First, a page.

Dole Food Co. Inc.’s first-quarter profit plummeted as economic weakness hurt fresh fruit results in Europe and Asia.

UPDATED: Dole Food profits fall in first quarter

Operating income fell to $59 million for the three months ending March 27 from $123.1 million during the same period a year earlier, Dole said in a May 10 filing with the U.S. Securities and Exchange Commission. Net revenue rose 0.6% to $1.606 billion.

A weak economy combined with unusually cold weather pressured banana prices in Europe, while higher product and shipping costs also crimped profit, Westlake Village, Calif.-based Dole said.

Concern over Europe’s economic outlook has grown during the second quarter, Dole executives said.

Banana pricing in Europe “has remained weak into the second quarter,” Dole chief executive officer David A. DeLorenzo said during a May 10 conference call with analysts. Economic turmoil in Europe has “introduced more volatility and uncertainty into the market than we anticipated.”

Europe’s troubles have dimmed profit outlooks for big fruit and vegetable importers such as Dole and Chiquita Brands International Inc., sending shares of those companies tumbling.

Through midday trading May 13, Dole shares fell as low as $9.74, down 22% from a $12.50 initial public offering price in October. Chiquita shares are down 20% this year.

BB&T Capital Markets analyst Heather Jones slashed her earnings forecast for Dole, citing rapid deterioration of the euro and an “incredibly weak” European Union banana market.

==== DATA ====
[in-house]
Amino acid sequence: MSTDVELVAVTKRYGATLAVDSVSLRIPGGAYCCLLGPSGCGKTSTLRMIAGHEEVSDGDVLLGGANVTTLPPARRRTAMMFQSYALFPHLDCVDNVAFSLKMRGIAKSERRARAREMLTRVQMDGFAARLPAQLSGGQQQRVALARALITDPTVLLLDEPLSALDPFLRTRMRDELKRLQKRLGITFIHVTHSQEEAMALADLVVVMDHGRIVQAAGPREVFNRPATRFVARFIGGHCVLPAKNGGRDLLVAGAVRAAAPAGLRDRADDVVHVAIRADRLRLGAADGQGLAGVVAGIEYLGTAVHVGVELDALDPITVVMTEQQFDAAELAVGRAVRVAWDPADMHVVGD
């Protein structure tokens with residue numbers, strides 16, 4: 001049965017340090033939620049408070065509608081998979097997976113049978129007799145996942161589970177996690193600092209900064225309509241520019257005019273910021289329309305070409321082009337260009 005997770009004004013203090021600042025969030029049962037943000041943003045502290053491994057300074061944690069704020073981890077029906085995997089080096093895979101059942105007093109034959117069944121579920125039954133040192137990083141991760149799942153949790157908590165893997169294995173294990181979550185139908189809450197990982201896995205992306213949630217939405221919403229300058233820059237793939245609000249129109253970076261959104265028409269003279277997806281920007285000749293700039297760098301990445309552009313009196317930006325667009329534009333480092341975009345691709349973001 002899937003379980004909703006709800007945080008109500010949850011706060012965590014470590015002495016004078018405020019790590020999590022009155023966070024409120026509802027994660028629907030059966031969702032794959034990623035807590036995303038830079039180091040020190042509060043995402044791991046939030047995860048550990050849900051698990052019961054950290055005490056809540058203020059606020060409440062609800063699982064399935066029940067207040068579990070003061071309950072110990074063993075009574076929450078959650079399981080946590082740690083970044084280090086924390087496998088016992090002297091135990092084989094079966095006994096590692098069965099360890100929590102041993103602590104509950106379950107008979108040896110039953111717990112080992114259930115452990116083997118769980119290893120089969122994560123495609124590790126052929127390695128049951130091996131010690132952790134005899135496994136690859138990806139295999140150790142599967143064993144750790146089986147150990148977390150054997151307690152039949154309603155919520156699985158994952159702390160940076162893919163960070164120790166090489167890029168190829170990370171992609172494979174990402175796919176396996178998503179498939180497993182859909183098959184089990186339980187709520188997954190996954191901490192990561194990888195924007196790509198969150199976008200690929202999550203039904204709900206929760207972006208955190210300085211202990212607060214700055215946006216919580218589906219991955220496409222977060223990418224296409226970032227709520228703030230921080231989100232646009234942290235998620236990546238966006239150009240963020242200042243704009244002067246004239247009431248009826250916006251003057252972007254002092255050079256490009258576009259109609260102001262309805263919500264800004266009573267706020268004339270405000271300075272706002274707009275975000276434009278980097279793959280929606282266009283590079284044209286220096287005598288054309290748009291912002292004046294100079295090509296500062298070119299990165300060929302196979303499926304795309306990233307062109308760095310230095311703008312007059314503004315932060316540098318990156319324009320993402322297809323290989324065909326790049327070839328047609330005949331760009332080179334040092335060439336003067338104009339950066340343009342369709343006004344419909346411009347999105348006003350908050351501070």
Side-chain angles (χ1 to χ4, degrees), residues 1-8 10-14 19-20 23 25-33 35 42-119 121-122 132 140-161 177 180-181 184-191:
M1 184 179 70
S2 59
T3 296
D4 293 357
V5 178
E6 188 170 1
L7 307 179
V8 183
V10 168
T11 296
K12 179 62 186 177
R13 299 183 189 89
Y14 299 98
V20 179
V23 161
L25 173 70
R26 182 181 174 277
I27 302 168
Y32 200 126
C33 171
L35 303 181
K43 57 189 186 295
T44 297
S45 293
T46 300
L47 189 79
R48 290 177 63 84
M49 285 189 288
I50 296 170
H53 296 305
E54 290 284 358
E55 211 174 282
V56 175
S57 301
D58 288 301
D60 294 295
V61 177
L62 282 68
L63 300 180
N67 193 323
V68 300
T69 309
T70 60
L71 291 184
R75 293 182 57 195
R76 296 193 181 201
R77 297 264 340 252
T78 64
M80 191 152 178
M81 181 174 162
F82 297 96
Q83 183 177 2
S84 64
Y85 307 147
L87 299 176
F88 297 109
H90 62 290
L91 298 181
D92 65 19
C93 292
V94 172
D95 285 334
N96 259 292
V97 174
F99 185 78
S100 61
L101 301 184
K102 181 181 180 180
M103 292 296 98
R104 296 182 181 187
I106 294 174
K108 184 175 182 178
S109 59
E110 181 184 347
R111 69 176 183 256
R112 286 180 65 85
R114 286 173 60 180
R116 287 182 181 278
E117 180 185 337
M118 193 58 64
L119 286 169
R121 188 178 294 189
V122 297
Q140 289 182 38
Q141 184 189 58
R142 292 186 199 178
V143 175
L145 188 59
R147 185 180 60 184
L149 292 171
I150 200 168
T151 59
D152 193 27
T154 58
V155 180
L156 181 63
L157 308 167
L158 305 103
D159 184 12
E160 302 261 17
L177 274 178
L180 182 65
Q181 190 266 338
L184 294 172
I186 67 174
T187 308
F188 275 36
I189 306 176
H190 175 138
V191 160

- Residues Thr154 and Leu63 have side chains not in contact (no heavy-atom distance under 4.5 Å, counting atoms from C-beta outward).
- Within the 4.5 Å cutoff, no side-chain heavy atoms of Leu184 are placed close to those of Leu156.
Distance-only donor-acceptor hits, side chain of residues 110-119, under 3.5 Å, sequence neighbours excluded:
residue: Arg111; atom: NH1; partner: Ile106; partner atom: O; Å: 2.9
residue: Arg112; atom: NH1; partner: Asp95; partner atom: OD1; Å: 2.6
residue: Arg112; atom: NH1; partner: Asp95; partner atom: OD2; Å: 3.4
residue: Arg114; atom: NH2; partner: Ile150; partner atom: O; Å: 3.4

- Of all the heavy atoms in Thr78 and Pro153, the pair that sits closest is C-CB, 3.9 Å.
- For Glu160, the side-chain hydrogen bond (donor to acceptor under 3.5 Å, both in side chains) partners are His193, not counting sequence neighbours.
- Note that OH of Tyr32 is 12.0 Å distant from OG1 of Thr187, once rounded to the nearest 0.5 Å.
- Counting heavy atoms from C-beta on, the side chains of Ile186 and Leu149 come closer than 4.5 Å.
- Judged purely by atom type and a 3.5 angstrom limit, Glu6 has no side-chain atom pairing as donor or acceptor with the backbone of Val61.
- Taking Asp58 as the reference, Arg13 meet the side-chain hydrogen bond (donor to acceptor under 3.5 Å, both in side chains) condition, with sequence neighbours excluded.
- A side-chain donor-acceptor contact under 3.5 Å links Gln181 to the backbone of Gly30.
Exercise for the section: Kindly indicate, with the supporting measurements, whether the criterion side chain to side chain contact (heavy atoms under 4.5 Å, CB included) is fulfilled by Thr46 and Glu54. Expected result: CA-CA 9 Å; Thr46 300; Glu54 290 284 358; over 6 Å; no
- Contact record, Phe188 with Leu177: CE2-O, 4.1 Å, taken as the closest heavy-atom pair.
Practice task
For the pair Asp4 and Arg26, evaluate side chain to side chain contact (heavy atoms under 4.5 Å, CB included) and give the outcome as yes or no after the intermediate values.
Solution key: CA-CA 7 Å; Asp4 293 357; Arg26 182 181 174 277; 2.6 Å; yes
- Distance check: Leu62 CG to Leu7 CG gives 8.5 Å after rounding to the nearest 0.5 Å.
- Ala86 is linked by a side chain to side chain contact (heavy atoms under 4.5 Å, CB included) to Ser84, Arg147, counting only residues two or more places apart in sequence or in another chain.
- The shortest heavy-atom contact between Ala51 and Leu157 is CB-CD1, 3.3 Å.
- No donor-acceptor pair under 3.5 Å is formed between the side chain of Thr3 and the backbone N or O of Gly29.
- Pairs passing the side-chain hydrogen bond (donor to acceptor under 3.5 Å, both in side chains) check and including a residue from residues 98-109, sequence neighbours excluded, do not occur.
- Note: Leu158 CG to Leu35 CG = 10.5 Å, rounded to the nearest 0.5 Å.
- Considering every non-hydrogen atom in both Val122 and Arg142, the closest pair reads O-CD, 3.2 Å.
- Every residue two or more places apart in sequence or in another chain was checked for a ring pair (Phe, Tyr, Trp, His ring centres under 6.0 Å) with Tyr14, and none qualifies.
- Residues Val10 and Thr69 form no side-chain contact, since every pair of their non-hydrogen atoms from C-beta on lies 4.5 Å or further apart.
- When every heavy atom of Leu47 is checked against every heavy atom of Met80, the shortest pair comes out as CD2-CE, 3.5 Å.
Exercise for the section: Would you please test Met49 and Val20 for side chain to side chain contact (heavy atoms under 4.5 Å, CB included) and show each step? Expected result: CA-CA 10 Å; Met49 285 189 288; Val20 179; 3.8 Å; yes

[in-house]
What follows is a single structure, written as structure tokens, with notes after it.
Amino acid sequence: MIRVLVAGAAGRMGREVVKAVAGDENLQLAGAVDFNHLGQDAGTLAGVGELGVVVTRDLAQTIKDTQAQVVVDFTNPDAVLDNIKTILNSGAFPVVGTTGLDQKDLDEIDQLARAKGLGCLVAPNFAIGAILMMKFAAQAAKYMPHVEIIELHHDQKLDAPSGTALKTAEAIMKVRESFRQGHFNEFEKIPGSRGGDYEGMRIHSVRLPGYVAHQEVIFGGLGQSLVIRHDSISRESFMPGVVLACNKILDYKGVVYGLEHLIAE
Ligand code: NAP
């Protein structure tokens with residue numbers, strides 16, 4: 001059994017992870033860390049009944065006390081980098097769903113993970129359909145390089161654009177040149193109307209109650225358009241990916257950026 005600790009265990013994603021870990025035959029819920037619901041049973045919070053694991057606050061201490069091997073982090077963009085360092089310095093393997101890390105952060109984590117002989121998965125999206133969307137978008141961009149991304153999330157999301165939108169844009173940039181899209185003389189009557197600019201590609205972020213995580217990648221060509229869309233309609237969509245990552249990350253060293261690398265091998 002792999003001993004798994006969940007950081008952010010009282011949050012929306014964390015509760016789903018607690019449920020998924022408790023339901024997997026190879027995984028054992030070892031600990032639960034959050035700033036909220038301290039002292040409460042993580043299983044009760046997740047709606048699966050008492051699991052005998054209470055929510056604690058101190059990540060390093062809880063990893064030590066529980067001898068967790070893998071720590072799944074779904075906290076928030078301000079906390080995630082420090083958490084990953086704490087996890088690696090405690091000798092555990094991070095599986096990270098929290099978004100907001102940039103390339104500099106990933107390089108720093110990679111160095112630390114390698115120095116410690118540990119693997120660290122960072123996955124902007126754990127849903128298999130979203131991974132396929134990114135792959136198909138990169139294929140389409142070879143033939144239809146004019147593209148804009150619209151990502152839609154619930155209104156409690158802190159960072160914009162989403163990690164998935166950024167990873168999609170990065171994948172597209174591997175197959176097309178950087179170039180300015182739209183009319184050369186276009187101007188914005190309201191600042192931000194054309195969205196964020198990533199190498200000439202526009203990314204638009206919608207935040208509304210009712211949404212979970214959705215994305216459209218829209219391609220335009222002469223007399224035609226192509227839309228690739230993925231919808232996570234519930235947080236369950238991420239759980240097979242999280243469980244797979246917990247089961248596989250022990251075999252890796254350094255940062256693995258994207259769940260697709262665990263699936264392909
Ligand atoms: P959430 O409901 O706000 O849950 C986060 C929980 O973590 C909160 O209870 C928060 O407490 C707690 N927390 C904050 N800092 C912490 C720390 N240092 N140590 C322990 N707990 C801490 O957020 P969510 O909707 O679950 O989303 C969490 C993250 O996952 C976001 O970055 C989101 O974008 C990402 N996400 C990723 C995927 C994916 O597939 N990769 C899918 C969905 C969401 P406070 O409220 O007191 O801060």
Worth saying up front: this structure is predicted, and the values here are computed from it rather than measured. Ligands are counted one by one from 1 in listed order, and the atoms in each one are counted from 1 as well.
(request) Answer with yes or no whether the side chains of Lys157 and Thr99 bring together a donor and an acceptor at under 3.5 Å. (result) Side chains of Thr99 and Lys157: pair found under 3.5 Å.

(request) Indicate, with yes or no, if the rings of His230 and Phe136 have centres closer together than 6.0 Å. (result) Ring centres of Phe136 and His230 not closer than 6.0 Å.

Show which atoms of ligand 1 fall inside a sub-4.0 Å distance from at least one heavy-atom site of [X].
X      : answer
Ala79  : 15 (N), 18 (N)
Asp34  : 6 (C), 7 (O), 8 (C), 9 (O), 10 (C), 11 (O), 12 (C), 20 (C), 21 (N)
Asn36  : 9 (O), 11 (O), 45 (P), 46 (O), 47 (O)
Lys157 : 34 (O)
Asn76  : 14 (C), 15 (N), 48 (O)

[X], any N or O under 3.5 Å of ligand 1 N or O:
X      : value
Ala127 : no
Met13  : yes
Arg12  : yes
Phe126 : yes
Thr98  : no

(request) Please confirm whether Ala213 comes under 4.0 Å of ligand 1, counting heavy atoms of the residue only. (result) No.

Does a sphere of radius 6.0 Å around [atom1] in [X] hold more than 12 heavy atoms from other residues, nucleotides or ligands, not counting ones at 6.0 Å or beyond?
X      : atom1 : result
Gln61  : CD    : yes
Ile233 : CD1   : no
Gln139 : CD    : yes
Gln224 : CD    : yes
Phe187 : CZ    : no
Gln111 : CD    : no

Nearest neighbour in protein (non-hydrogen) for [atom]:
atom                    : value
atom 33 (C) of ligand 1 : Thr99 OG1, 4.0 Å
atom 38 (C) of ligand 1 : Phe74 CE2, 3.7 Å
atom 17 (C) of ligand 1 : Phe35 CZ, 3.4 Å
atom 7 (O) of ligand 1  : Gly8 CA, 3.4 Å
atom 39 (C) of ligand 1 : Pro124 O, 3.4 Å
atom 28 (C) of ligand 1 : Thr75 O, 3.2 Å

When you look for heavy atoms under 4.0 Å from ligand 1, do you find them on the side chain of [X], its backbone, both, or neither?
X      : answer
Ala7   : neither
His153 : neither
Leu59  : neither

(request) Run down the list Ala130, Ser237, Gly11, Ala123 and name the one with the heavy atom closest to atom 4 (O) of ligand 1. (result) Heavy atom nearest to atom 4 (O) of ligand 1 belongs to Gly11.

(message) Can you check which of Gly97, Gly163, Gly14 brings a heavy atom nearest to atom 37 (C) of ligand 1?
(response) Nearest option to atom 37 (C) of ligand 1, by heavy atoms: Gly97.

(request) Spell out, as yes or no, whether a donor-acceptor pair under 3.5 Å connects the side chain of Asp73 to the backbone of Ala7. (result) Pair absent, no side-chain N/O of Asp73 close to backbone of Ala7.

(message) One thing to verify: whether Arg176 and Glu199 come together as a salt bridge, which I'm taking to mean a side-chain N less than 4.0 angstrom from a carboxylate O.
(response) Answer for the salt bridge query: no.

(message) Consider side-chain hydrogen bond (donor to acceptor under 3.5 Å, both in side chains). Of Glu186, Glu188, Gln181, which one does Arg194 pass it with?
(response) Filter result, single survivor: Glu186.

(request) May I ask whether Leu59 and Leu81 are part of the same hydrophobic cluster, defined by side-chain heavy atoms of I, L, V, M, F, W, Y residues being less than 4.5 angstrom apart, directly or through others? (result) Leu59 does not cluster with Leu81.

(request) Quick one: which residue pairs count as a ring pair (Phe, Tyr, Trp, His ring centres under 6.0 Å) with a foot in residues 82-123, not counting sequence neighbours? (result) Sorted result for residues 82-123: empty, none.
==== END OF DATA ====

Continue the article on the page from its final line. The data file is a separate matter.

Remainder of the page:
Jones now expects Dole to earn $1.18 a share in 2010, down from a previous estimate of $1.50.

“Our new estimate is likely conservative, but we would prefer conservatism at this juncture as the weakness in the EU market has been surprising in its magnitude,” Jones said in a May 11 report.

Dole had net earnings of $1.45 a share in 2009.

For next year, Dole may reduce its planned volume to the EU as it ascertains how long the weakness will last, Jones said. The company believes all importers “are losing money, including the small, marginal independent producers that are shipping on newly available liner services,” she said.

On April 29, Chiquita reported an unexpected $9 million quarterly loss and cut its 2010 revenue forecast, saying cold weather and a weak economy hurt banana sales in Europe.

Chiquita’s 2010 sales are expected to increase 1% to 3% over 2009, down from a previous pro-jection for a 3% to 5% gain, Cincinnati-based Chiquita said.

Dole said lower banana prices hurt results in Asia, while in North America, banana earnings were “slightly lower” on higher costs. Europe and Asia weakness offset higher banana revenues in North America, the company said.

Revenue in fresh fruit rose less than 0.1% during the quarter to $1.123 billion, accounting for 70% of Dole’s total sales, the company said. Earnings before interest and taxes in the segment sank to $43.2 million from $98.8 million a year earlier.

Dole’s fresh vegetables and packaged foods units performed better, with earnings rising a combined 2.9%, to $39.5 million, and sales rising 1.8%, to $482.7 million.